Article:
Claimant submits a notice of motion which seeks "to compel disclosure".
Claimant fails, however, to submit an affidavit or other supporting
documentation. Thereafter, defendant cross-moved to dismiss the second and third
causes of action of the claim, and for a protective order or vacatur of
On October 25, 2004, claimant filed this claim alleging negligence (first cause
of action), assault (second cause of action) and denial of medical treatment
(third cause of action). Specifically, he alleges that on at least 15 occasions
between May 30, 2003 and October 5, 2003, claimant requested protection from
guards at Clinton Correctional Facility due to retaliation for filing
administrative and judicial complaints. As a result, claimant alleges that he
was interviewed by the Inspector General on October 31, 2003, for an incident on
July 26, 2003. After his interview, claimant alleges that he returned to his
cell and was subject to mistreatment, including physical assault by correction
officers. Claimant alleges that he served a notice of intention on December 17,
2003 and, thereafter, filed his claim in October 2004. Subsequently, claimant
served three sets of interrogatories, prompting the motion and cross-motion.
With respect to claimant's motion to compel, the Court denies this motion as
claimant fails to support his request for relief with a supporting affidavit or
other documentary submissions (CPLR 2214). In so doing, the Court notes that
discovery is a process that is generally conducted between the litigants. The
Court's intervention in this process is warranted only after attempts between
the parties to resolve an issue have failed. At that juncture, claimant may move
the Court to compel responses by serving a notice of motion and supporting
documentation, including a supporting affidavit (CPLR 2214).
Turning to defendant's cross-motion, defendant seeks dismissal of the second
and third causes of action and a protective order from interrogatories.
Defendant argues that the only allegations contained in the notice of intention
relate to the October 31, 2003 incident and, thus, the other allegations are
untimely. Inasmuch as the notice of intention has not been provided to the
Court, defendant has not established that it is entitled to dismissal.
With respect to the protective order, defendant argues that claimant served the
same set of interrogatories on June 16, 2005, August 18, 2005 and September 1,
2005. Defendant further argues that vacatur is appropriate because the demands
are palpably improper and/or privileged material.
Given that claimant consents to the withdrawal of the interrogatories served on
June 16, 2005 and August 18, 2005, the Court reviews only those interrogatories
served on September 1, 2005. In this regard, it is well settled that a trial
court has "broad discretionary power in controlling discovery" (Geary v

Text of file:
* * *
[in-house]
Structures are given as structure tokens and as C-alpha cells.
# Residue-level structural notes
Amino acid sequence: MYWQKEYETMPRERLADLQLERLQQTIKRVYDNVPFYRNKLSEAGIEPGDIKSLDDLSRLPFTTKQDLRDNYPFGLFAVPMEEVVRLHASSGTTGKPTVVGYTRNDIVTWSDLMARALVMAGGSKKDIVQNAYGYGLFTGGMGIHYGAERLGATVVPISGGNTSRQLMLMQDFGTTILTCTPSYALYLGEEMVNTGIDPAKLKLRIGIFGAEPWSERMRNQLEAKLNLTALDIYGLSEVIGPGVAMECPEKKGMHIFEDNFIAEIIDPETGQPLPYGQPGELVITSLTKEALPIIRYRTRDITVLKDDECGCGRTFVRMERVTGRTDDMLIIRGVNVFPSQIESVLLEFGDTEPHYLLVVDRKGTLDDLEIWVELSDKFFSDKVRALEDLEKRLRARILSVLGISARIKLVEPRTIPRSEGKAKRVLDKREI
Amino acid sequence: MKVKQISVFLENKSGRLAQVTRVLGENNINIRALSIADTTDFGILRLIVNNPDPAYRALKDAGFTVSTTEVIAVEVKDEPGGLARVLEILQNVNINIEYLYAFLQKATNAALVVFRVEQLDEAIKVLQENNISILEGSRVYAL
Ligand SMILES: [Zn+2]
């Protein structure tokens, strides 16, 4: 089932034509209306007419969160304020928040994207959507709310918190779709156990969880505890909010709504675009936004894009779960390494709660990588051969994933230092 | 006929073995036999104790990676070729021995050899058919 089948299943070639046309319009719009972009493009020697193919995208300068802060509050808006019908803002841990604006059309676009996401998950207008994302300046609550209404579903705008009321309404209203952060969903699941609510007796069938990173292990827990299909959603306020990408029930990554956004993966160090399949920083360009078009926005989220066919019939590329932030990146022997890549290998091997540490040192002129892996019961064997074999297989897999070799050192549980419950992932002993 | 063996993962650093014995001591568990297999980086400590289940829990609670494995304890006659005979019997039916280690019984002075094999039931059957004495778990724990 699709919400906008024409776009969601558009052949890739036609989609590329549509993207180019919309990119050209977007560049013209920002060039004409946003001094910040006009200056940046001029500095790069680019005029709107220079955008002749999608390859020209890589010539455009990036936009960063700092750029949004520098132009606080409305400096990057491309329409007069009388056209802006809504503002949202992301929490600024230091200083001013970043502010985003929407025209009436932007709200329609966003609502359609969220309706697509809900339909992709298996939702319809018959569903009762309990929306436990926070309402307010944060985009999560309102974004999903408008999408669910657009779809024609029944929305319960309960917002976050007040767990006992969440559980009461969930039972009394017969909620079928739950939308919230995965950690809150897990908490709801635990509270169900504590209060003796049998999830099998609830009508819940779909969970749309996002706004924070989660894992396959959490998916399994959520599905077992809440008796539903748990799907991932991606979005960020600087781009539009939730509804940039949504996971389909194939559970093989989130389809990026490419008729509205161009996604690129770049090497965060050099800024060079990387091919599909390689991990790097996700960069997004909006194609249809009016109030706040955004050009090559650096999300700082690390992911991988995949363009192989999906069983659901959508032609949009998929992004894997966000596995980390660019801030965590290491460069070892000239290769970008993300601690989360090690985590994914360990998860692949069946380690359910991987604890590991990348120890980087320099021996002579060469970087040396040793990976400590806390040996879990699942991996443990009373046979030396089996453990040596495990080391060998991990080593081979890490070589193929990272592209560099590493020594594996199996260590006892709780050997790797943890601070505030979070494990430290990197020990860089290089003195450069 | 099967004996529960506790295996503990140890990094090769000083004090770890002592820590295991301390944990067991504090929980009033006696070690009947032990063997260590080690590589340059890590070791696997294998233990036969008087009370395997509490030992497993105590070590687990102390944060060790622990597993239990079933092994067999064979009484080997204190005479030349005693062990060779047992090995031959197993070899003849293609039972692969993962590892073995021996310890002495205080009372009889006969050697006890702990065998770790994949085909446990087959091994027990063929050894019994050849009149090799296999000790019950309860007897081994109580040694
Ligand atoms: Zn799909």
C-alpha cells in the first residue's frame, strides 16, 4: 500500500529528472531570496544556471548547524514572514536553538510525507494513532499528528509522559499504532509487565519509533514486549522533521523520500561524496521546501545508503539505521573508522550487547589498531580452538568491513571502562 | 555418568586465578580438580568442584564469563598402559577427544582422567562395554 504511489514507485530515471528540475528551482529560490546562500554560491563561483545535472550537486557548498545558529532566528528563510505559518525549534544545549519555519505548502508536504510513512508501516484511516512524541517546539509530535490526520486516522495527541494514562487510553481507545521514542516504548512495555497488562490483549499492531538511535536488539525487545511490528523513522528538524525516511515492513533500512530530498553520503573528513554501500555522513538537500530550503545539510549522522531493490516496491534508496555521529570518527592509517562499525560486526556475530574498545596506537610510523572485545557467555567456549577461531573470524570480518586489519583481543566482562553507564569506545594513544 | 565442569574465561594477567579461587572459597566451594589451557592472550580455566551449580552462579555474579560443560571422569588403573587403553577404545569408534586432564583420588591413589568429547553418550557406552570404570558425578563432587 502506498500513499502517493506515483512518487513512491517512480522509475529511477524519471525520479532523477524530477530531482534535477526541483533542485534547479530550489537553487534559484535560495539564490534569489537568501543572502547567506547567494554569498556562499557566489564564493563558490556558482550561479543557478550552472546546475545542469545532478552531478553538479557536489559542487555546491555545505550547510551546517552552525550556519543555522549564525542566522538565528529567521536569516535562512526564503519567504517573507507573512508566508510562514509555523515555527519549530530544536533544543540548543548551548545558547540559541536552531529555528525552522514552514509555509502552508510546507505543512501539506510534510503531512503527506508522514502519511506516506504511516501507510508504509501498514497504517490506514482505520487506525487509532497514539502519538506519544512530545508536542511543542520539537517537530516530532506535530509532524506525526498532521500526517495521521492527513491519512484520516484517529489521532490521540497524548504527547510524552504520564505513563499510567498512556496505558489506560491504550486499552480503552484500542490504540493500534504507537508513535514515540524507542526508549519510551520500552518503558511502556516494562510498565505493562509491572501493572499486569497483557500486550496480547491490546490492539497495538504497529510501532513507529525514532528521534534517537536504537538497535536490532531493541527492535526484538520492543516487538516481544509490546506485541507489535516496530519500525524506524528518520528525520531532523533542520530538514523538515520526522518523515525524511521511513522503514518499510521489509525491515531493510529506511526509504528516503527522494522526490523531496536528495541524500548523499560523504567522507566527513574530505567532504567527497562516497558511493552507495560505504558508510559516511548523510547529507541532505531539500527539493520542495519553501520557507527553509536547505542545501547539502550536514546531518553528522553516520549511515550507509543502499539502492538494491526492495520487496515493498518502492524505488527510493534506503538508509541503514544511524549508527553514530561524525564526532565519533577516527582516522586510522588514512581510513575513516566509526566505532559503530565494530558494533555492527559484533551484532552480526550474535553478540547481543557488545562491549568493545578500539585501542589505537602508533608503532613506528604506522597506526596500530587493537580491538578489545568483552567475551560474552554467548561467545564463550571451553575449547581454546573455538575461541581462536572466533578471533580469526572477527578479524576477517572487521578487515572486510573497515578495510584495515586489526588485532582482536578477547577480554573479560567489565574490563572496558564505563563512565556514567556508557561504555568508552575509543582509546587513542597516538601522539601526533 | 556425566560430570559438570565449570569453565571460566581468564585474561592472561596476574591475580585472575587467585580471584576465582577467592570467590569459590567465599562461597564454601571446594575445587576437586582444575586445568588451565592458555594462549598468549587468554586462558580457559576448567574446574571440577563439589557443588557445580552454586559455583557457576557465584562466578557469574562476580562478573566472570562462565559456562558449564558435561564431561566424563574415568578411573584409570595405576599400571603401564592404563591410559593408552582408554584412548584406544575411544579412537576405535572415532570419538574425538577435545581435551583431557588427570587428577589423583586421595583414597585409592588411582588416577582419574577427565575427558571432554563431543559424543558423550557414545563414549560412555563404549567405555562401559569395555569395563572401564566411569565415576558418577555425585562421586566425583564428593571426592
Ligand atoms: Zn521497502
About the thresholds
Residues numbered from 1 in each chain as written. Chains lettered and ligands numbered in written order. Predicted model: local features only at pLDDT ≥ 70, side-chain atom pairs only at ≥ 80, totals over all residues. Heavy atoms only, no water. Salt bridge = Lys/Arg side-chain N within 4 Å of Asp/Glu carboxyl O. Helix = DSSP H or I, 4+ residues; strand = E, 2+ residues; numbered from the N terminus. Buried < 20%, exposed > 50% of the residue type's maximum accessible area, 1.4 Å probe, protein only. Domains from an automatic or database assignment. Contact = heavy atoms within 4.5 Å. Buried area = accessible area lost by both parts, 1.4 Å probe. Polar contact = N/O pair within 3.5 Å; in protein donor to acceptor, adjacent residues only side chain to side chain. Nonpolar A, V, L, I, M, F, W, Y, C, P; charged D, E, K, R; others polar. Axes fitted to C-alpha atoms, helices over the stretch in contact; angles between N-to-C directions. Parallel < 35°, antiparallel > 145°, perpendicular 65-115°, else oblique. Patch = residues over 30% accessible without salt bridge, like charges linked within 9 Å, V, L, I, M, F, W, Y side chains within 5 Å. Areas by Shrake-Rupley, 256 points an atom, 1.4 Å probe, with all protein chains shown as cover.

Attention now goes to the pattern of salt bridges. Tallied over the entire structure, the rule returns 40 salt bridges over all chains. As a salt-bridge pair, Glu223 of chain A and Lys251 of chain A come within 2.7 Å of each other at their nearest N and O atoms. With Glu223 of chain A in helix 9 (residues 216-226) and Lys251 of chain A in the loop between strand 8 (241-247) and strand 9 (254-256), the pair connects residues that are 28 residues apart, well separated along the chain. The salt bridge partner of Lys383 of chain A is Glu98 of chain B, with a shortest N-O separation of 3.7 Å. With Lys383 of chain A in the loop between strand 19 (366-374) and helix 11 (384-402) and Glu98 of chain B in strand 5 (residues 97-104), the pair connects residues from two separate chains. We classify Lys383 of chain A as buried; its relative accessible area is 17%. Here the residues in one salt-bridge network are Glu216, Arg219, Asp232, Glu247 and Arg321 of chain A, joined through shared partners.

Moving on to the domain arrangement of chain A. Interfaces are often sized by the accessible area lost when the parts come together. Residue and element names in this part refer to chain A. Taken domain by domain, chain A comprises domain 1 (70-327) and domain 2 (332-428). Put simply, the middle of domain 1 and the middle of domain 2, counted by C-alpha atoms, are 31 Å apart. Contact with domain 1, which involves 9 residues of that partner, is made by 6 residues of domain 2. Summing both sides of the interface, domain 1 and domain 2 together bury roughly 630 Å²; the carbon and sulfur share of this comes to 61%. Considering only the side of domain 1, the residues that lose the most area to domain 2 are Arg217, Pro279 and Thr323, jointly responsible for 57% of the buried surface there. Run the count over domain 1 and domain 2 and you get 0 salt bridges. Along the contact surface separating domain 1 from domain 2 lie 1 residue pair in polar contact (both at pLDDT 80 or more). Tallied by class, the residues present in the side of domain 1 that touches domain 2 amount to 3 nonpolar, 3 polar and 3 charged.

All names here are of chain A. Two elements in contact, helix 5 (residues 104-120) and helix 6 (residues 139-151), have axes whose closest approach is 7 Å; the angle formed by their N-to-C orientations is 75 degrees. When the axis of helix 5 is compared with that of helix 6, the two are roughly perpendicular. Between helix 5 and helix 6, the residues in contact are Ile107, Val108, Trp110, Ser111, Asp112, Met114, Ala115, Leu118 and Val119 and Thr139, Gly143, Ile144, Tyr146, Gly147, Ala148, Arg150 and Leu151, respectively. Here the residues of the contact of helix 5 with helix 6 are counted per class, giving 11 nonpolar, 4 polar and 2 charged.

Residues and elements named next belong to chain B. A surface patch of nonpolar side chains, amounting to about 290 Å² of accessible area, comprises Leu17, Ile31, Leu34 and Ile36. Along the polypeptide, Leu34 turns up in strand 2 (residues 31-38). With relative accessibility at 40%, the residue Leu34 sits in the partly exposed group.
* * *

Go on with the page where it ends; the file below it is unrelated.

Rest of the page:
Hunton & Williams, 245 AD2d 936, 938 [3d Dept 1997]). Inasmuch as
defendant failed to object to the interrogatories within the 20-day period
specified in CPLR 3122(a), the Court's review is limited to determining whether
the requested material is privileged under CPLR 3101 or the demand is palpably
improper (see Saratoga Harness Racing Inc. v Roemer 274 AD2d 887,
888 [3d Dept 2000]). "A disclosure request is palpably improper if it seeks
information of a confidential and private nature that does not appear to be
relevant to the issues in the case" (Titleserv, Inc. v Zenobio, 210 AD2d
314, 315-316 [2d Dept 1994]).
Here, a review of the interrogatories reveals that while some of the
information requested is necessary to prosecute the action, a substantial
portion is overbroad, burdensome, duplicitous, and palpably improper in that it
seeks privileged or irrelevant material. Although under these circumstances, the
remedy is often not "judicial pruning but vacatur of the entire demand and
interrogatories" (Editel, New York v Liberty Studios, Inc
., 162 AD2d 345,
346 [1st Dept 1990]), the Court does not strike the entire demand in the
interests of judicial economy and to facilitate discovery. Rather, the Court
confines claimant's request and interprets it to encompass the following: his
institutional file relating to this incident, the log book of the hospital and
claimant's cell block for the relevant times, misbehavior reports, unusual
incident reports and Inspector General reports generated as a result of the
incident, reports relating to any disciplinary action against the correction
officers arising from this incident and videotapes and/or photographs of
injuries arising from the incident or injuries. Defendant is to provide these
materials to claimant within 30 days of the filing of this Decision and Order or
request in camera review of the objectionable
Claimant is advised to direct a
written request for his medical records to the inmate records coordinator at his
correctional facility, and a written request for his mental health records to
his facility's mental heath professional pursuant to the procedure outlined in
Mental Hygiene Law § 33.16.
As a final matter, the Court is confident that these materials will be
sufficient for claimant to proceed with his claim. Upon review of the materials
furnished by defendant, claimant is to notify the Court within 45 days if he is
not ready to proceed to trial.
Accordingly, claimant’s motion is denied. Defendant's cross-motion is
granted to the extent indicated and otherwise denied.